Related: How To Apply For Private Student Loans

How to compare loans

If you want to compare your potential loan rates quickly, in a single place, you’ll want to look at Credible or LendingTree.

You can look at rates for new loans or if you’re looking to refinance. You’ll enter your basic information and your school’s info and you’ll see your rates all in one place.

Related: Read Our Credible Review.

Plus, Money Under 30 readers who refinance their student loans with Credible can get a $100 bonus!

Grants can offer your “free money”

Grants are, to some extent, “free money” towards your graduate education. But you should never count on these. They’re highly competitive, especially if you enter a popular field such as law or medicine.

Here’s a short list of some grants by the most popular graduate fields. You should also check grants.gov, which can help you find even more grants.

There are also grants based on degree type and minority status. Peterson’s is a scholarship finding site helps you find any grants you qualify for (both for undergraduate and graduate school.

Other ways to pay for grad school

Loans are always an option for graduate school, but if you can get money you don’t have to pay back at a high interest rate, that’s always the option you’ll want to take—whether that’s through work study, your employers, or even credit unions.

Employers

The most ideal graduate school situation is finding an employer who will pay for some or all of your degree.

Chances are you’ll need to work for a bigger, corporate company to get this benefit, but there are employers out there who are willing to pay, especially if it benefits them. Or, at the very least, they’ll work with refinancing companies to get you an even lower rate if you choose to refinance.

Credit unions

With lower (or no) fees, a community feel, and better service, more and more people are turning to credit unions for their banking needs—including their student loans.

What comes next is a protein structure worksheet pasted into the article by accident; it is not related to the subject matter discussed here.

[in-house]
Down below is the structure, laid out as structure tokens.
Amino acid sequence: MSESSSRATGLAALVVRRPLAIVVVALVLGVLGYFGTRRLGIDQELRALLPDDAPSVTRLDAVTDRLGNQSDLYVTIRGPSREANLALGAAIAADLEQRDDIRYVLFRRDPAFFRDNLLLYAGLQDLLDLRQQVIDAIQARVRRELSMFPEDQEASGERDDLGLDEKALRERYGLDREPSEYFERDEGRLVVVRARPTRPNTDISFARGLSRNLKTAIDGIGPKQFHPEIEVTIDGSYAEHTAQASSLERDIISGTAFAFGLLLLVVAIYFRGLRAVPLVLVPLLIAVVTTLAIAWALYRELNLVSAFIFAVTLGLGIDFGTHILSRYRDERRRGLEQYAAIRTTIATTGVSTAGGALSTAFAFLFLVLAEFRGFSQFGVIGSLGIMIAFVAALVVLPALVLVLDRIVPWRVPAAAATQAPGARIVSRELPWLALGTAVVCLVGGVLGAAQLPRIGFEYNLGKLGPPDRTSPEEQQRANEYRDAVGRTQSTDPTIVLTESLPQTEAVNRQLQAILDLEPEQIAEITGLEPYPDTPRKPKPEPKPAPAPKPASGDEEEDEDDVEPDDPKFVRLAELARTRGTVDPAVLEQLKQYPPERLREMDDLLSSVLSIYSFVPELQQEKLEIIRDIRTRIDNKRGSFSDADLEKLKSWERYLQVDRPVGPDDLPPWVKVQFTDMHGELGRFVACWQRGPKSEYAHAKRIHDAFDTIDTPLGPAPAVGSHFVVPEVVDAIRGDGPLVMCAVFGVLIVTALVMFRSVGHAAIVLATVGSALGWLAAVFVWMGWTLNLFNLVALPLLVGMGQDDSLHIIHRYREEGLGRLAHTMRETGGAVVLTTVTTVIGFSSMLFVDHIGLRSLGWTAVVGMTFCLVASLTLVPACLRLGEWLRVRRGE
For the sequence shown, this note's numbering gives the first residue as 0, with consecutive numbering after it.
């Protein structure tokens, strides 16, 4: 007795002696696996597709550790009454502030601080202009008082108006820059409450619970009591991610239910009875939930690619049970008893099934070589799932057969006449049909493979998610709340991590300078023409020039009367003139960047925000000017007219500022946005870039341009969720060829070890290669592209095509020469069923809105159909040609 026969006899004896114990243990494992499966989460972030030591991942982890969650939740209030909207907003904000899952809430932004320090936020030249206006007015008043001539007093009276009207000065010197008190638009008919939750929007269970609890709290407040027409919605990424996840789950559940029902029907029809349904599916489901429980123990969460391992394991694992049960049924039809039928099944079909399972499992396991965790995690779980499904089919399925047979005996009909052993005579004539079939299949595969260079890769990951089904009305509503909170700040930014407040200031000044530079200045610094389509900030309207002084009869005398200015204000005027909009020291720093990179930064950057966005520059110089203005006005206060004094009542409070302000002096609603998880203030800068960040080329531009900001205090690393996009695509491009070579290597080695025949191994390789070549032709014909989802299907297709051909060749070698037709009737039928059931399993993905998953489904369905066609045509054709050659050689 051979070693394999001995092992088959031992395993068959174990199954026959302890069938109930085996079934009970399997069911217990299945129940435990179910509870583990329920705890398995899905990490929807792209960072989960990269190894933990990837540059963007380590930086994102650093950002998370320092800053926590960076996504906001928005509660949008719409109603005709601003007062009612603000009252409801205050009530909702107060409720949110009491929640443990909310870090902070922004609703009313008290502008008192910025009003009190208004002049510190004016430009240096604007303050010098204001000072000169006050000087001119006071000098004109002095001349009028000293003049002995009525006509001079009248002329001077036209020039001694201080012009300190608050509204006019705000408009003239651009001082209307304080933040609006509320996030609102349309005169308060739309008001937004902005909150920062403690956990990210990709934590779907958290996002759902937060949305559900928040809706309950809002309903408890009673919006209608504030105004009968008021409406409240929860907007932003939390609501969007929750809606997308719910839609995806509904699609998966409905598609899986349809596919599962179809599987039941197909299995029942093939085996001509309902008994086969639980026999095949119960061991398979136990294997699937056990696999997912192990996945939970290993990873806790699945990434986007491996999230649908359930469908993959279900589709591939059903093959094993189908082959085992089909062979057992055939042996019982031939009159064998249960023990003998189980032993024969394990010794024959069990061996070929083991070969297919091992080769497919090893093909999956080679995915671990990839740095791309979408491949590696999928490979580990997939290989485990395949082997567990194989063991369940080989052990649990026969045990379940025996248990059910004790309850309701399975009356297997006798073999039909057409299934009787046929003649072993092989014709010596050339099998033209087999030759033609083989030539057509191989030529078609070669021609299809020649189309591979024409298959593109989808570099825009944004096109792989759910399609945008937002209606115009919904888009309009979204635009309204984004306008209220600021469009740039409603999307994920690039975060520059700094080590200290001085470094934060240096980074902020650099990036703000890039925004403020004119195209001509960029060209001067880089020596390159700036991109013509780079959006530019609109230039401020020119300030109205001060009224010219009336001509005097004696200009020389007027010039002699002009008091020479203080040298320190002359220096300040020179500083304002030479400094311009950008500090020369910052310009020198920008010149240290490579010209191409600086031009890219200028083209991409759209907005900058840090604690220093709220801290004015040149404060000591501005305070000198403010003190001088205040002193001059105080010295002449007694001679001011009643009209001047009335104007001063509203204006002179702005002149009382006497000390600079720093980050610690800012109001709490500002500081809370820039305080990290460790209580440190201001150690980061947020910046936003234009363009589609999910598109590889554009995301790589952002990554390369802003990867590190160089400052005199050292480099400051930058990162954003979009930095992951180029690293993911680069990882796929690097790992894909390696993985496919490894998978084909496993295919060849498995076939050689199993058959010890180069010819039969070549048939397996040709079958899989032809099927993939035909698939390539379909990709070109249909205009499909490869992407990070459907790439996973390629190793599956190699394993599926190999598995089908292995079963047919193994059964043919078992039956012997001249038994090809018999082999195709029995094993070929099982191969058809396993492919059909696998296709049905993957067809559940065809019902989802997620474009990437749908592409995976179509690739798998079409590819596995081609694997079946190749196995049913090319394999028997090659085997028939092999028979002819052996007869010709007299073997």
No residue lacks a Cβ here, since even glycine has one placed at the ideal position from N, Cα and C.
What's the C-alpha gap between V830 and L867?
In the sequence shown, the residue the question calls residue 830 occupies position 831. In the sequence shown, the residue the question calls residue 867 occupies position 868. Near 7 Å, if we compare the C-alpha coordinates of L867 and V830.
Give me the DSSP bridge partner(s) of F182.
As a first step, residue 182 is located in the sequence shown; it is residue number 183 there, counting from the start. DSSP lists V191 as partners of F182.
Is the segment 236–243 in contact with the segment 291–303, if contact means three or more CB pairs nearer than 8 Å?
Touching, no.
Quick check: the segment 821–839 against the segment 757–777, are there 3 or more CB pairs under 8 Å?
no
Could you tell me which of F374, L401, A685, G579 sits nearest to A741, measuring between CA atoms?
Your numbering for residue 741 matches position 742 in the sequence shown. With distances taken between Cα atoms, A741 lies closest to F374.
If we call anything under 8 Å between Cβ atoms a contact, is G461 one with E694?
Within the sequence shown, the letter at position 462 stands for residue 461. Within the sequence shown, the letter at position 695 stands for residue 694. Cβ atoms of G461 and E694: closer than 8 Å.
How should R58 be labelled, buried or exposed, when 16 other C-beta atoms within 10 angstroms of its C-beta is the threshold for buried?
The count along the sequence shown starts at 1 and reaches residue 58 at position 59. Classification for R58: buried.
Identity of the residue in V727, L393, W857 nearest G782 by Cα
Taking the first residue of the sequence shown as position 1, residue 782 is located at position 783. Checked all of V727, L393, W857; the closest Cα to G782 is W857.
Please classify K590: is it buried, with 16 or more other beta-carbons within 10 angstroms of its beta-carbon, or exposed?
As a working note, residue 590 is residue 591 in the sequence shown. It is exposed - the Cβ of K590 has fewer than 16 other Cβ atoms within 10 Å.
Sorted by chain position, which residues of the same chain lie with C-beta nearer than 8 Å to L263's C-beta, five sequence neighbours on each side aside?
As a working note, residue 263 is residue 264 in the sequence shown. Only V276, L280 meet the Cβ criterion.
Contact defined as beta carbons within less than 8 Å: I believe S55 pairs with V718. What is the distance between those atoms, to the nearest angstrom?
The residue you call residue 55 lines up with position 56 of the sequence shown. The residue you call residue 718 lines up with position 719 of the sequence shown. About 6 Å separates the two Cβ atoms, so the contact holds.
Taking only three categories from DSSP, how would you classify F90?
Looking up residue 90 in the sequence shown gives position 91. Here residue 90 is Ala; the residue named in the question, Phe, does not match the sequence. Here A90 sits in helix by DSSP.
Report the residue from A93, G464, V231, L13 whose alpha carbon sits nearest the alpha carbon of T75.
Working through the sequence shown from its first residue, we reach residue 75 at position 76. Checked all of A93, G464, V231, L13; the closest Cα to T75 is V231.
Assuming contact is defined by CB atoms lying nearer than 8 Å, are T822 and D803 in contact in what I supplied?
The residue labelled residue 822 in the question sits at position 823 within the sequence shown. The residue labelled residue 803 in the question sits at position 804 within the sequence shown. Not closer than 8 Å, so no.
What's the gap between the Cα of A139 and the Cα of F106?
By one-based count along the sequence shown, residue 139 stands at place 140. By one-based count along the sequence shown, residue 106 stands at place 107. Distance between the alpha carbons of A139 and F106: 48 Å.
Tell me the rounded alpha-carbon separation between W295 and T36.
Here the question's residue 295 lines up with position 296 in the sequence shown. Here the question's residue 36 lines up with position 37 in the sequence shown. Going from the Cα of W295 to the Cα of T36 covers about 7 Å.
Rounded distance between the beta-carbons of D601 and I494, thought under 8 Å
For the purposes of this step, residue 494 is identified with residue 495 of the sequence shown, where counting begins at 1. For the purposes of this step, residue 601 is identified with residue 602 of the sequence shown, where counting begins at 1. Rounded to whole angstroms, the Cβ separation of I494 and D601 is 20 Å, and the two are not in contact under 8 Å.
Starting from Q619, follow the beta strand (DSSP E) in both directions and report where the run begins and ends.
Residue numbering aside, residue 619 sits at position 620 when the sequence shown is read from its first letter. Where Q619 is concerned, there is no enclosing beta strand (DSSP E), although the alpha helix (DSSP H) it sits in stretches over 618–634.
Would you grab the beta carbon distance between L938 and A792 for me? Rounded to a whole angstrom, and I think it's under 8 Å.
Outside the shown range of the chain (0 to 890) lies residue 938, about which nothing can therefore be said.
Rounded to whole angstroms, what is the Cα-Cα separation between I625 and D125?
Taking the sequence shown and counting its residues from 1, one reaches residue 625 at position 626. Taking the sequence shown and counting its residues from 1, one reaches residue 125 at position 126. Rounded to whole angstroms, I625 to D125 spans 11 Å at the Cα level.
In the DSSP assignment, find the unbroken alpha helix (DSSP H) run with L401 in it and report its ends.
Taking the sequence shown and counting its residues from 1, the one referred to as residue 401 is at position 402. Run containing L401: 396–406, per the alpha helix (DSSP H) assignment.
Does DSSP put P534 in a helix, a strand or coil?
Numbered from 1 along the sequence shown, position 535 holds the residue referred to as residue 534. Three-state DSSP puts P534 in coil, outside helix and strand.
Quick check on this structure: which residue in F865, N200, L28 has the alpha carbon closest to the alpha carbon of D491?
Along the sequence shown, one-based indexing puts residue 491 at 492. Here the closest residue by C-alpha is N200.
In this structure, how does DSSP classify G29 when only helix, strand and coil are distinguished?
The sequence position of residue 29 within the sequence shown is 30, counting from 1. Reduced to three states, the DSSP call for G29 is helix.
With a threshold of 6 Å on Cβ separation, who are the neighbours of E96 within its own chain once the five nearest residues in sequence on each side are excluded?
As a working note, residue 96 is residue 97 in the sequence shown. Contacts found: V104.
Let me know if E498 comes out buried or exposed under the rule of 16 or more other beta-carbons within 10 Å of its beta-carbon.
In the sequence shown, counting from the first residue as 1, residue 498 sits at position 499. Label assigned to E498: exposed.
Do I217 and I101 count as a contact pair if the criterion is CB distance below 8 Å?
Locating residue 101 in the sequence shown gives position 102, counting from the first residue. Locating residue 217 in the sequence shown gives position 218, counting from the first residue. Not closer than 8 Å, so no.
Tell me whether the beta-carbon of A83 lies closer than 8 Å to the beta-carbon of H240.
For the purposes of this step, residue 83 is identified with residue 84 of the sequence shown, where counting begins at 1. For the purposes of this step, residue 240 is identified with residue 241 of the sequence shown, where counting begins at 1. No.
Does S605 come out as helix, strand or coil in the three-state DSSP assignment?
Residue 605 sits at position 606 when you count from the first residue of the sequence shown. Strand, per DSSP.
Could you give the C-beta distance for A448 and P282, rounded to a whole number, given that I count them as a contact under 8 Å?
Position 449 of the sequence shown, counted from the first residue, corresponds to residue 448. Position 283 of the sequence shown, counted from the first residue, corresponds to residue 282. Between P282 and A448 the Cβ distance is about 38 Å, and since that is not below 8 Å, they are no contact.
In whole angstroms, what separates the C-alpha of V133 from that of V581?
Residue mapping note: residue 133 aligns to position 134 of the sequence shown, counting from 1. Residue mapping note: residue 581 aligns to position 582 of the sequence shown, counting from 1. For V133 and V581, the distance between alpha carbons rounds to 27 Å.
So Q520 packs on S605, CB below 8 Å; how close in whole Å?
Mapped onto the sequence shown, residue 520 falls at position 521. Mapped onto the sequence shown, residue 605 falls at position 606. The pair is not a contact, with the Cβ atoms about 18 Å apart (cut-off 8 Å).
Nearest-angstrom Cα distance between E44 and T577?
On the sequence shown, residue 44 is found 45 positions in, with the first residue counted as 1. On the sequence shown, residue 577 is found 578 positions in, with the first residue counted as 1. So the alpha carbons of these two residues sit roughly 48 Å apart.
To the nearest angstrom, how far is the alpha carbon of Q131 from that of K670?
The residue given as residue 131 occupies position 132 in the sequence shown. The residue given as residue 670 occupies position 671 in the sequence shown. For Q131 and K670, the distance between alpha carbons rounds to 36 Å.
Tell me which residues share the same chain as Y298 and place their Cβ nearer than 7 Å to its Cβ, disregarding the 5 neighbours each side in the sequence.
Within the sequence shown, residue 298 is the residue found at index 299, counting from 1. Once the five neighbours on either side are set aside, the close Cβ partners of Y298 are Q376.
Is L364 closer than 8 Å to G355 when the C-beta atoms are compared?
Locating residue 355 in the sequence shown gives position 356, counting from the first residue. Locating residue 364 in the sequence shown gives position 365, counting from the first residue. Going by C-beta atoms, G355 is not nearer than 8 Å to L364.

If you’ve exhausted all your other options and need a private student loan, credit unions can offer those with high credit scores and good grads a good deal.

Student Choice, and CU Student Loans work with a number of credit unions to offer you the best interest rate on your student loans.

Work for your school

Every college will offer some work-study program for those with intense financial need. If you’re working towards a masters in teaching, you can student teach, if you’re looking to get a medical degree you can work in a lab, if you’re looking to become a lawyer you can work for a law firm while in school, etc.

Most of these programs allow you to get paid directly, or you can pay it straight towards your tuition. Check with your college’s financial aid page for more information.

Consider an online degree

There are certain advanced degrees where it might make sense to consider enrolling in an online institution. It’s cheaper, more flexible, and you’ll still get the knowledge you need. What online degrees cut out most is living costs—which make up more of your college experience than you probably realize. Dorm life is extremely expensive. You can also usually cut the cost per-course nearly in half when you take online vs. in-person classes.

But be warned, online degrees still cost a decent amount of money. Luckily, most employers don’t question or care if you got your degree online. When you consider how many students enrolled in traditional universities, also take a handful of online courses, there isn’t always a huge difference educationally between the two types of educations.

Summary

Funding graduate school isn’t a fun endeavor, but there are many ways to do it. Filling out the FAFSA is your first step and will help you figure out what kind of federal aid you qualify for. If that doesn’t cover your expenses, you can turn to private loans and grants.

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About the author

Total Articles: 135
Christopher Murray is the Managing Editor of Money Under 30. Chris received a BA in English Literature and Gender Studies from Smith College. He now lives in Maine with his husband where he spends his free time watching reruns of The X-Files and dreaming of traveling in a refurbished VW Bus while writing the next Great American Novel.